Telangana is not only being formed with the support of the Naxalites, but will be encompassing the districts that are their stronghold. The security situation is bound to worsen further.
Not only is the creation of Telangana a potential boon for the Maoists, the muddled process that has so far marked its birth is tailor-made for strengthening their position. The Maoists have strongly supported calls for an independent Telangana. The central government’s moves have created a volatile situation in the state marked by a high degree of political mobilisation. By supporting the pro-Telangana forces, the Maoists have positioned themselves as an armed and disciplined force which can help a popular movement struggle against the central government’s duplicity. They have, for example, already called for a general strike for the 2 January.
If the Maoists play their hand well, they will be in position to gain a tremendous goodwill and popular support by acting as a force which is willing to fight for the sentiments and aspirations of the local population. They will be in an even stronger position to capture the newly independent state once it is created. Delhi could not have created conditions more beneficial for the Naxalites had it been closely collaborating with the Maoist leadership.
The central government has given into the demand for a separate Telangana state. Telangana, currently part of Andhra Pradesh state, has had an active independence movement since the late 1960s. Considering India’s proclivity for linguistic and cultural separation, the decision is not at all unexpected.
Far be it for me to disparage the aspirations of the people of the region,but I do think it’s important to note that Telangana is the traditional Naxalite heartland of Andhra, if not of the entire country. Their grip has weakened in recent years largely because of the state government’s effective deployment of the Greyhound para-police coupled with a policy of generous rehabilitation for surrendered rebels. Will this now change? I think that there is a very real risk of the new state becoming as insurgent affected as Chhattisgarh (which itself was created recently from a part of Madhya Pradesh). There are parallels. The new Telangana, like Chhattisgarh, will have fewer resources at its disposal than does Andhra. They will also need time to set-up an effective system of governance- time which they will not have in the Naxalite’s surge. Finally, what of the Greyhounds and the broader (and largely successful) Andhra counter-insurgency programme. Are we witnessing the beginning of India’s newest failed state?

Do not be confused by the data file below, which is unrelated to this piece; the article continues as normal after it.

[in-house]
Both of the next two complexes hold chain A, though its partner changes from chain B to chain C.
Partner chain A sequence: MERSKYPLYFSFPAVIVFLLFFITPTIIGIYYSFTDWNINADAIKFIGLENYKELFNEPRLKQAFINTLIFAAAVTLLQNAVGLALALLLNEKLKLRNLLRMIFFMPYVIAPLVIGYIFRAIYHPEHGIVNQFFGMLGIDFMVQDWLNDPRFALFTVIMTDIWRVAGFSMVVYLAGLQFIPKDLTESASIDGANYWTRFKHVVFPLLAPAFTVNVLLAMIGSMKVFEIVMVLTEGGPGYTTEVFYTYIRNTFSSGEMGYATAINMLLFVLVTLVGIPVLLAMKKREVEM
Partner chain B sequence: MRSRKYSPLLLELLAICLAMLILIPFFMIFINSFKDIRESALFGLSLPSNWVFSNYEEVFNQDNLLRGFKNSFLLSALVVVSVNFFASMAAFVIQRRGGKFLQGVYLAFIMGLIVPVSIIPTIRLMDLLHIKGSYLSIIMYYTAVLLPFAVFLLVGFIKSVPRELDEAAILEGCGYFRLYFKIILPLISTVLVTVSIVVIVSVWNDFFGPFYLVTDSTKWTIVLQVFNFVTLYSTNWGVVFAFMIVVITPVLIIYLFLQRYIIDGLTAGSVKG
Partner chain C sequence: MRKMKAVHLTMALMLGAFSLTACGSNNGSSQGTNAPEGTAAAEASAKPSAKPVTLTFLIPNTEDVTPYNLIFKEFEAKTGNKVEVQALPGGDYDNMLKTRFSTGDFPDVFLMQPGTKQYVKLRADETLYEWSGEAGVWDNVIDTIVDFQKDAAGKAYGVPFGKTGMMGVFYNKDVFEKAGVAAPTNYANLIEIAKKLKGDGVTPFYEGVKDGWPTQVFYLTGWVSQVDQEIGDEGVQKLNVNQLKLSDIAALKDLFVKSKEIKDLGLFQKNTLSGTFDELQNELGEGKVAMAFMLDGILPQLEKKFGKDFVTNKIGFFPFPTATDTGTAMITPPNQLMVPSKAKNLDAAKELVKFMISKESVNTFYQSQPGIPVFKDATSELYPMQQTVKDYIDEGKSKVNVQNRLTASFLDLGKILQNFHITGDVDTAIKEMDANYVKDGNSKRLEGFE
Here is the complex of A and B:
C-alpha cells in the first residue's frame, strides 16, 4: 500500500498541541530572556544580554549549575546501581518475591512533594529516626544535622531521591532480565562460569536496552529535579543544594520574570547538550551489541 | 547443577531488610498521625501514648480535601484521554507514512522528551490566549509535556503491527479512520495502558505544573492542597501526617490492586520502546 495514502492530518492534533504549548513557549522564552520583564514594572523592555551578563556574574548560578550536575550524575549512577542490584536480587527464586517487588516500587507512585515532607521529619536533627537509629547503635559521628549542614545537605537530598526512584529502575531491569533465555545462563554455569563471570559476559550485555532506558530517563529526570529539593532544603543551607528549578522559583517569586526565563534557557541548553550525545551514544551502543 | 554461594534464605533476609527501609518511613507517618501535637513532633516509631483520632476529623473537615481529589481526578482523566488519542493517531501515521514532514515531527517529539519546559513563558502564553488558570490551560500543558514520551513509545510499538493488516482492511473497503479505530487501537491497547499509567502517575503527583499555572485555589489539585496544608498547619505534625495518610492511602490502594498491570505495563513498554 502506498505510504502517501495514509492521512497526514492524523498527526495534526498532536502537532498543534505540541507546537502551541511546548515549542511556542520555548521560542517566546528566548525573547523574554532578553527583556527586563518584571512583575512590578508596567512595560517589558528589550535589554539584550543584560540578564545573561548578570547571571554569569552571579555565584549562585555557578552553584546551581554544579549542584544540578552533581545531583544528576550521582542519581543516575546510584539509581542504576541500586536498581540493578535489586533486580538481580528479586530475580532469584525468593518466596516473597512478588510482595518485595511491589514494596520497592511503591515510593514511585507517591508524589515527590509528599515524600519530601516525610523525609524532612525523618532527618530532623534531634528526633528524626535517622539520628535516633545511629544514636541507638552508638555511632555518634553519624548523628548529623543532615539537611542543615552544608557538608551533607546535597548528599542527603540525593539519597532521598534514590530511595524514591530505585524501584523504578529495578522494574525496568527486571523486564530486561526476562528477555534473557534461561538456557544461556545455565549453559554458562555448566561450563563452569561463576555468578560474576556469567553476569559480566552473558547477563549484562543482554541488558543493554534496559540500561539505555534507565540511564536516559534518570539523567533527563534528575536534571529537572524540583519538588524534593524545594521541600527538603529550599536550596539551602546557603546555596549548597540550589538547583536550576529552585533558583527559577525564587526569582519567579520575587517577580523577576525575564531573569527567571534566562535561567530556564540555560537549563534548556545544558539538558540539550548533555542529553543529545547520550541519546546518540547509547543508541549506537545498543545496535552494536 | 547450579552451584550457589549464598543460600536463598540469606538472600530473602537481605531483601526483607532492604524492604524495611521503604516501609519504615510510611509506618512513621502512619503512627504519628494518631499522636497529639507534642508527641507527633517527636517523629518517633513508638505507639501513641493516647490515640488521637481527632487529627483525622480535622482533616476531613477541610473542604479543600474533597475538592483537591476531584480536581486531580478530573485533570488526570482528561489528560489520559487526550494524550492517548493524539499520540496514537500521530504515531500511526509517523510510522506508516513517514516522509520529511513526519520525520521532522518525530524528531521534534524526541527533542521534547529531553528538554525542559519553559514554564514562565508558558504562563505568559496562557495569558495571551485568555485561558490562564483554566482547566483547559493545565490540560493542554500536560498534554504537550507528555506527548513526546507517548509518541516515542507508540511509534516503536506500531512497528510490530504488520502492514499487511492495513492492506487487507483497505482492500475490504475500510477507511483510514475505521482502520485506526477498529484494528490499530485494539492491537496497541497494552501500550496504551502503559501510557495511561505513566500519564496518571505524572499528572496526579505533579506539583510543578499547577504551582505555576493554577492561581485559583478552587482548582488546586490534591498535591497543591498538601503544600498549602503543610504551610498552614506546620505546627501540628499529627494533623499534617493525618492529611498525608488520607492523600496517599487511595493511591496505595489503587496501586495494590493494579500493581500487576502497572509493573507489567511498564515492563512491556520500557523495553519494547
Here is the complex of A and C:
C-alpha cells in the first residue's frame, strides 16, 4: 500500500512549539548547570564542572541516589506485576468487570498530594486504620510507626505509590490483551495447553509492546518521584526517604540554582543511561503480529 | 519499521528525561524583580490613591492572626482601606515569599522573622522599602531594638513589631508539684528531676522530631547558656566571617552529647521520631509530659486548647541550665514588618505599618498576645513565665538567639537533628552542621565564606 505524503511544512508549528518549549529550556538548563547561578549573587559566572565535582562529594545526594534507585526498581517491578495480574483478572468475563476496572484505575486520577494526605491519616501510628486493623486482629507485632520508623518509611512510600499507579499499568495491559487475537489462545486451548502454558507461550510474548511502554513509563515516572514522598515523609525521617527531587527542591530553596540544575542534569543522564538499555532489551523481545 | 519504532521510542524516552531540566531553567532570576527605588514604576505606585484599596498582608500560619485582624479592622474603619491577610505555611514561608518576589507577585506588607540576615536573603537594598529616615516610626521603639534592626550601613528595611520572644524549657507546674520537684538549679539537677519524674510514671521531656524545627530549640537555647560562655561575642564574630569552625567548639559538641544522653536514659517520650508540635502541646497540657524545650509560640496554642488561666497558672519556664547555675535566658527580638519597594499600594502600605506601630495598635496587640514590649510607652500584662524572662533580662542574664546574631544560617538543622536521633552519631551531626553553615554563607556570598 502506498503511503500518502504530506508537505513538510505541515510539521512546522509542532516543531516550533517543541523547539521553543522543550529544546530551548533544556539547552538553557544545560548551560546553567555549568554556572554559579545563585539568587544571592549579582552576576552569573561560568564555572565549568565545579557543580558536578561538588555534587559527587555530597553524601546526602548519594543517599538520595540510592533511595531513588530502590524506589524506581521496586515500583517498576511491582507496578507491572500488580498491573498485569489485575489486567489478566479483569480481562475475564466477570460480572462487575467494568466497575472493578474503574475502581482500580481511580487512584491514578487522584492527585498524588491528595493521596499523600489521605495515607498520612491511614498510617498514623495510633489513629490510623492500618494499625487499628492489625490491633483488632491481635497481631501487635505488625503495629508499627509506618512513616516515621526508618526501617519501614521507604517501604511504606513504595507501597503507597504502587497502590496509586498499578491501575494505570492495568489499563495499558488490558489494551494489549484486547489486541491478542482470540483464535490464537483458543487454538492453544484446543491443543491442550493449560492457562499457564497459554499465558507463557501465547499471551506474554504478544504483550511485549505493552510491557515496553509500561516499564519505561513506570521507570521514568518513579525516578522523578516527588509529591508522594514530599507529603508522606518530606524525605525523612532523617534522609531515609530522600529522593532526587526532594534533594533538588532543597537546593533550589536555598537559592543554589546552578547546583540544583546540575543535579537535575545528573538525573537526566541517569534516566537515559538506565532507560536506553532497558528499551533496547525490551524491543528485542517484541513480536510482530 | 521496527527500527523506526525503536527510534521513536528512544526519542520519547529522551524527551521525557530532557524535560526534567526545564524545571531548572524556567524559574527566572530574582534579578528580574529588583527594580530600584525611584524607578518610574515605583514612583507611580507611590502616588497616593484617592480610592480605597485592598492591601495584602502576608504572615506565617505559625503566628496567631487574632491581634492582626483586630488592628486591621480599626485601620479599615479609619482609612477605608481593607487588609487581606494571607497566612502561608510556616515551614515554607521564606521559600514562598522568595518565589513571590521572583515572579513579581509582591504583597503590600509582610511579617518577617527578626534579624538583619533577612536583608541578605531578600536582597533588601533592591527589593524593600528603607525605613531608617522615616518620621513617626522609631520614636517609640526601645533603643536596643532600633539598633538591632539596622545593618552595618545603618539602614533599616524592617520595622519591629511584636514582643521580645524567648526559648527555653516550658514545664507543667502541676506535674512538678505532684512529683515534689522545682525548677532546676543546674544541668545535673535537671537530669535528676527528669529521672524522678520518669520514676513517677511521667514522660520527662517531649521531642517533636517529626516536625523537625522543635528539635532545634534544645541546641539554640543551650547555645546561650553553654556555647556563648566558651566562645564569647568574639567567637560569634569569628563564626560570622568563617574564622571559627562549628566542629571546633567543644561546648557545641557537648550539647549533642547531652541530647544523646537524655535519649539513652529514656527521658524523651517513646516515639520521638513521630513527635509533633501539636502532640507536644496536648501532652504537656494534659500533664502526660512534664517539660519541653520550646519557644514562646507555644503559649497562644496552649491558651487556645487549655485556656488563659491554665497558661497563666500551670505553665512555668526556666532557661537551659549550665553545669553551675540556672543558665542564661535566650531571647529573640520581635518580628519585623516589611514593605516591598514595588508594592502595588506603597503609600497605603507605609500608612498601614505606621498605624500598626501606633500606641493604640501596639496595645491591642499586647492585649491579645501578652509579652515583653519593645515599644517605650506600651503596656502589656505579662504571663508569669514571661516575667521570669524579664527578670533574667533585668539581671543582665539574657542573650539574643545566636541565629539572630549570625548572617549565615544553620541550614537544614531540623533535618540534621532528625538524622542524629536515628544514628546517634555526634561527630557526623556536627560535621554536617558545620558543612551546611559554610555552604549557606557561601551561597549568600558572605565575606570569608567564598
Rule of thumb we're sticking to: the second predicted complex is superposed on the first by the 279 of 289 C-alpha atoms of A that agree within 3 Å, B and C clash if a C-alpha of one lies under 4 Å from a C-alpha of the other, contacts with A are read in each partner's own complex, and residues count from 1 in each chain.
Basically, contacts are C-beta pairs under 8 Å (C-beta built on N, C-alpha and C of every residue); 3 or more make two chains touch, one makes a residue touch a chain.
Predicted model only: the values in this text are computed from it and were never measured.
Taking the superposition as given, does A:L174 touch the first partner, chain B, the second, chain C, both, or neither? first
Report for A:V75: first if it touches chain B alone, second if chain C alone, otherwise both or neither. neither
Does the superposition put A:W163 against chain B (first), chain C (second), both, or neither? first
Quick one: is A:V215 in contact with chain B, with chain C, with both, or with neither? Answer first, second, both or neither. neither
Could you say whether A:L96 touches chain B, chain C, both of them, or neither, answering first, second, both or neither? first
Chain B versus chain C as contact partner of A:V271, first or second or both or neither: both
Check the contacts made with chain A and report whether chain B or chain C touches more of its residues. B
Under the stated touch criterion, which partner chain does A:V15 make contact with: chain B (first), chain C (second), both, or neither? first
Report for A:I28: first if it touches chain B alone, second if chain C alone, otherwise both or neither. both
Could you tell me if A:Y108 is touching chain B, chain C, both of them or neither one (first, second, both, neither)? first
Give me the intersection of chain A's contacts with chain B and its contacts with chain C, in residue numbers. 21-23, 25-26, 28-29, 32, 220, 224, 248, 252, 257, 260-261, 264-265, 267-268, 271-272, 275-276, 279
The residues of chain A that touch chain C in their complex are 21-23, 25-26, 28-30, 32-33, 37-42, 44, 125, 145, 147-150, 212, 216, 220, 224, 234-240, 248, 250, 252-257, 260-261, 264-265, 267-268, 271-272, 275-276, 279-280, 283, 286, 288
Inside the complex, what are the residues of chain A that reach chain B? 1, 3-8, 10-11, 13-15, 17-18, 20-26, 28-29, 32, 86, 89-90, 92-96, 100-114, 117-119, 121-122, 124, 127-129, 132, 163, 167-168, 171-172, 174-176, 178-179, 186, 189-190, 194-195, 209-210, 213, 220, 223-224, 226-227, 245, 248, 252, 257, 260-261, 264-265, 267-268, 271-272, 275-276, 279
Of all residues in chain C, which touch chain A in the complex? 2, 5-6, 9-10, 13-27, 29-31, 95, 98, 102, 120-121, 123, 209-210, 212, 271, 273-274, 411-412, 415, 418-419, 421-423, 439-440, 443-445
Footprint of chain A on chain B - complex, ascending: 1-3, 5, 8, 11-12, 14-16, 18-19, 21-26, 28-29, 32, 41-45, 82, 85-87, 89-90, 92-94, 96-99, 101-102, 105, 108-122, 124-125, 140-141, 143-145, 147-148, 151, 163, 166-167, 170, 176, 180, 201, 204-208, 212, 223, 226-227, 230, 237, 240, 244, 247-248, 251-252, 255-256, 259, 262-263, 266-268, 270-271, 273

An interesting piece on how the Andhra police claimed the Maoists had infiltrated the recent protests for Telangana independence at Osmania University in Hyderabad. While the police may just be making this claim for political expediency, it wouldn’t surprise me if it were true.